British Columbia

04/03/19
Author: 
Ben Parfitt
March 4, 2019
 

In April 2010, when then-premier Gordon Campbell announced that B.C. was resurrecting plans to build the Site C dam, atmospheric scientist Andrew Weaver was along to lend support.

Well before he became an MLA, and later the leader of the B.C. Green party, Weaver used words to describe the controversial project that became a template for Liberal and NDP premiers to come:

Hydro power is “clean.” It is “zero-emitting” power. It “does not produce greenhouse gas emissions.” Therefore, it is good.

28/02/19
Author: 
The Canadian Press
The latest figure on the cost of the dam is $10.7 billion and when complete on the Peace River in northeast B.C. it would power the equivalent of 450,000 homes a year. (THE CANADIAN PRESS/Jonathan Hayward)

The trial was expected to start in 2022

Feb. 26, 2019 

The British Columbia government, BC Hydro and two First Nations have entered talks to avoid court action over the massive Site C hydroelectric dam.

The parties were in B.C. Supreme Court on Tuesday to set a 120-day trial that was expected to start in 2022.

28/02/19
Author: 
Norm Farrell

A study written for Canadian Centre for Policy Alternatives by earth scientist J. David Hughes offered a conclusion on the success of neoliberal politics in Canada. Success, that is, for the corporate world.

A pull quote in the executive summary of the Hughes report provides the gist:

23/02/19
Author: 
Rita Wong, Mel Lehan, Barry Morris, Kyle Farquharson, Will Offley
Dear Sisters and Brothers,

As you will see from the attached materials, we are a group of defendants charged with blocking the Kinder Morgan expansion project last year.  We will be going on trial in April charged with criminal contempt of court, and facing both fines and jail terms if convicted.  We are raising a defence of necessity with the goal of changing Canadian legal precedent if we are successful, which would have significant positive consequences for climate defenders facing charges for peaceful civil disobedience in the future.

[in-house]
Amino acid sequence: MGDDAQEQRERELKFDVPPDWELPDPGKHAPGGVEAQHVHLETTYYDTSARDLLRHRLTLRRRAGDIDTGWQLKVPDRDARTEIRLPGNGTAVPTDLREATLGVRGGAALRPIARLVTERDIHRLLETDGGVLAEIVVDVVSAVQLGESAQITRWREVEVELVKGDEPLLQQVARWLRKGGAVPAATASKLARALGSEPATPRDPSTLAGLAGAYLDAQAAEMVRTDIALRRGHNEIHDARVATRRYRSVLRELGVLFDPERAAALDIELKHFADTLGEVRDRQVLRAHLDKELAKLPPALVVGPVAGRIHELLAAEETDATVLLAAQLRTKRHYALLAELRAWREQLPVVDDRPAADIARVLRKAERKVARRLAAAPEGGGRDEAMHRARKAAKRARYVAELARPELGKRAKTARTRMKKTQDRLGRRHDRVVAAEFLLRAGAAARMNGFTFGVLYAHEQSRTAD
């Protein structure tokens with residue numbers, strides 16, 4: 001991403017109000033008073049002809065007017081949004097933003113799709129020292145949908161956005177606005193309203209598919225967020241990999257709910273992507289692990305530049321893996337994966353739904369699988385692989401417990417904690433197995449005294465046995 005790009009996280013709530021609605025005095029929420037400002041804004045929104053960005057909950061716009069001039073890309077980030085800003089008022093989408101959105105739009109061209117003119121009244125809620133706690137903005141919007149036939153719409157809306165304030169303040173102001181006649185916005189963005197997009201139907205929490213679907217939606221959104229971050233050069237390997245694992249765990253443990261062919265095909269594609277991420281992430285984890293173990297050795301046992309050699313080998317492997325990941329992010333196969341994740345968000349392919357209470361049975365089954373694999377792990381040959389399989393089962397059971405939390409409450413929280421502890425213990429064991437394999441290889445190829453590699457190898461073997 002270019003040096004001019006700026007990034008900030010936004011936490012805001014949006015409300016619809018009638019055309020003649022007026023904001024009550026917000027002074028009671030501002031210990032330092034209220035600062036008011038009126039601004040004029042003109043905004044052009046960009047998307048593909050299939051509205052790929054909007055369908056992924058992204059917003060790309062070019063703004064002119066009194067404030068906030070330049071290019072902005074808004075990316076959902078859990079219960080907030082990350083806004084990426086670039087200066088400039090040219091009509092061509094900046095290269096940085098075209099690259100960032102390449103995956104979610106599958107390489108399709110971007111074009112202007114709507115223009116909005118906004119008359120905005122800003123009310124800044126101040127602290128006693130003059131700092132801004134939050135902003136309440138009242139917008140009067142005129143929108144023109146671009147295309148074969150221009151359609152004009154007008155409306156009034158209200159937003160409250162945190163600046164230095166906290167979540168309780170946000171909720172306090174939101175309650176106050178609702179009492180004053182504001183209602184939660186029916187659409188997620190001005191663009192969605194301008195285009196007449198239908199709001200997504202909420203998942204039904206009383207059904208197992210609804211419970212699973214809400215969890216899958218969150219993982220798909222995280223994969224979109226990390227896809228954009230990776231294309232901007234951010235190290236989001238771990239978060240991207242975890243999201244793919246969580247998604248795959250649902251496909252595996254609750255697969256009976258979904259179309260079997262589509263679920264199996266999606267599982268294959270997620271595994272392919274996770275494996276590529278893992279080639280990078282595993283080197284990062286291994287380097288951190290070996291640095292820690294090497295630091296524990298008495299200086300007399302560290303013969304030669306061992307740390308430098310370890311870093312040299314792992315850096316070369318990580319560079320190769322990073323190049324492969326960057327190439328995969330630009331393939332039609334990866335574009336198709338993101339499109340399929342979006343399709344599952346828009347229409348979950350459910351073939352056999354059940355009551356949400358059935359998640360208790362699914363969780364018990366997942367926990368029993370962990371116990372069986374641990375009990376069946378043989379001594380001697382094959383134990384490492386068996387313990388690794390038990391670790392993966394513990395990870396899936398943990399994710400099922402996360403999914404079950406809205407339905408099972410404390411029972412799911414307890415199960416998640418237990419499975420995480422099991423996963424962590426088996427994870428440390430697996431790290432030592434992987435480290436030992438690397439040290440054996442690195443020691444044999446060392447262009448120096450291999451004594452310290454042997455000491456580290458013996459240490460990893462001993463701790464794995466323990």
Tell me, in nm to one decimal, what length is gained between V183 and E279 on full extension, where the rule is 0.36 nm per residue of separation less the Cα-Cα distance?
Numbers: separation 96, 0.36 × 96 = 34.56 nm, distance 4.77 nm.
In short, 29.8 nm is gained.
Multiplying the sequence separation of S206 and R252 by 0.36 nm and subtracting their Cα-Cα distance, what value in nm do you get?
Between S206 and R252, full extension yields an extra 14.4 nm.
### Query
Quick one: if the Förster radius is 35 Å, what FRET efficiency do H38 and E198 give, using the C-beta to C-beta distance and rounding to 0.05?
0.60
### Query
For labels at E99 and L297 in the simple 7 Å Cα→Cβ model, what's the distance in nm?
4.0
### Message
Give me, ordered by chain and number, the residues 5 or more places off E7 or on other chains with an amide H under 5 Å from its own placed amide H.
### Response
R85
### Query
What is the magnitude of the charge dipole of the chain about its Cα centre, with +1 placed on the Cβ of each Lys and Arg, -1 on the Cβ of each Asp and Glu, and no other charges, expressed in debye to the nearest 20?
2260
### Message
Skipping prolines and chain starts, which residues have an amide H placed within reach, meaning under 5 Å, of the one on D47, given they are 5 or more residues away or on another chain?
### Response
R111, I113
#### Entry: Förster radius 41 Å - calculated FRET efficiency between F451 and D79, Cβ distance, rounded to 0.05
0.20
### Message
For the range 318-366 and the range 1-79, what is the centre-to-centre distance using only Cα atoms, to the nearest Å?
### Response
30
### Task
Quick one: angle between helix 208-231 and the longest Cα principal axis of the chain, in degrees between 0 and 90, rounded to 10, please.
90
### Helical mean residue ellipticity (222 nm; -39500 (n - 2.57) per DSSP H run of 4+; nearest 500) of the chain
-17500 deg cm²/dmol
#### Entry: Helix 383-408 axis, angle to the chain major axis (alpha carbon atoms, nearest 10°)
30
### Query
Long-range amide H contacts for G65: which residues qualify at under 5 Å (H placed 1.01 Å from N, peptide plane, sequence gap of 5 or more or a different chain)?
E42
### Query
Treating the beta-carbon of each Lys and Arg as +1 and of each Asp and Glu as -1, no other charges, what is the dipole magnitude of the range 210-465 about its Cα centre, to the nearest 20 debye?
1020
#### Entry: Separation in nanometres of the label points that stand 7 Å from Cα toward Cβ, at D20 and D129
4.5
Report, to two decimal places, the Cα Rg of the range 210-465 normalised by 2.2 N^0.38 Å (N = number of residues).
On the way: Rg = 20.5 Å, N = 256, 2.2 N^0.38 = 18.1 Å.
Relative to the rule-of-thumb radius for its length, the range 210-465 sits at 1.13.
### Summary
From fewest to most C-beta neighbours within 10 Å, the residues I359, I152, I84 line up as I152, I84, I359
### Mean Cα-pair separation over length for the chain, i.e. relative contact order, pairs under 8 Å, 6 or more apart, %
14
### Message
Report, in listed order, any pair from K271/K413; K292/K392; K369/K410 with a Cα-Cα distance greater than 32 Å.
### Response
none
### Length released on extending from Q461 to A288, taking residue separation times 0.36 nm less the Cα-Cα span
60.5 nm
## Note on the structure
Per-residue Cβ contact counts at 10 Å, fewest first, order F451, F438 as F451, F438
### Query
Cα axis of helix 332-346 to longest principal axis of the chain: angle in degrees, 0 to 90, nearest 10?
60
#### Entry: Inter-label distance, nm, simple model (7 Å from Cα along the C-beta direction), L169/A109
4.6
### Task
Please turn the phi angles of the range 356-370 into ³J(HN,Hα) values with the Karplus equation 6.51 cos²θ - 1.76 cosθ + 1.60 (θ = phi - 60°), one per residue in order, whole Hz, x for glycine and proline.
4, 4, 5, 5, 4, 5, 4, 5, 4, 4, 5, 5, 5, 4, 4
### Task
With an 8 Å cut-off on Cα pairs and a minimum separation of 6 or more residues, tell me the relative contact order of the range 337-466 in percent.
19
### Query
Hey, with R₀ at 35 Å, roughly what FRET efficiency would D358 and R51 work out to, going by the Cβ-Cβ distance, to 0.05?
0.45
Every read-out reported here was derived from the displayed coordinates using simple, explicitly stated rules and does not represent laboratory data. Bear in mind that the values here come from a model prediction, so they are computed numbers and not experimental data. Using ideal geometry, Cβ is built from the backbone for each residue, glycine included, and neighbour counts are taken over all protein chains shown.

20/02/19
Author: 
Laura Ryckewaert

FEB. 18, 2019

B.C. lawyer Eugene Kung says he would be ‘very surprised’ if the Trans Mountain reconsideration process isn’t challenged in court.

15/02/19

[Web page editor: Support for fracked LNG makes BC Premier Horgan a leading agent of climate disruption.] 

Feb 15, 2019 - Measures to help build the $40-billion LNG Canada project will be introduced this spring, the B.C. government announced on Thursday. 

Northern B.C. and rural communities saw little mention in the government's latest throne speech, read Tuesday afternoon by Lt.-Gov. Janet Austin. However, the province dedicated five paragraphs to the liquefied natural gas industry and the LNG Canada project. Here's what was said:

10/02/19
Author: 
Robyn Allan

February 8th 2019

Trans Mountain is on track to deliver Canadian oil producers a $2-billion taxpayer-funded toll subsidy for capacity on its existing pipeline and has asked the federal pipeline regulator, the National Energy Board (NEB) for permission.

If the NEB approves the toll application Trans Mountain has filed with it, it will shift the burden for the roughly $3 billion Ottawa paid to buy the regulated assets onto Canadians, rather than into tolls charged to shippers where the recovery of these costs belongs.

08/02/19
Author: 
Laura Kane
The Canadian Press

Washington Gov. Jay Inslee says his state shares concerns with British Columbia about the Trans Mountain pipeline expansion and will continue to voice its objections any way it can.

Inslee made the comments at a joint news conference in Seattle on Thursday with B.C. Premier John Horgan, who is visiting the state to discuss partnerships on endangered killer whales, clean energy and high-speed rail.

08/02/19
Author: 
Richard Littlemore
retired lawyer David Gooderham among his files on climate change at home in Vancouver, B.C. on Jan. 25, 2019. Photo by Michael Ruffolo

February 7th 2019

Retired lawyer David Gooderham, 73, may soon cap a distinguished career in law with a 28-day jail sentence for contempt of court for joining protesters who have gathered to block work on the Trans Mountain pipeline.

But he says it’s worth the risk if it gives him a chance to trigger the first-ever court hearing in Canada on the validity of the science of climate change and the implications of federal pipeline policy.

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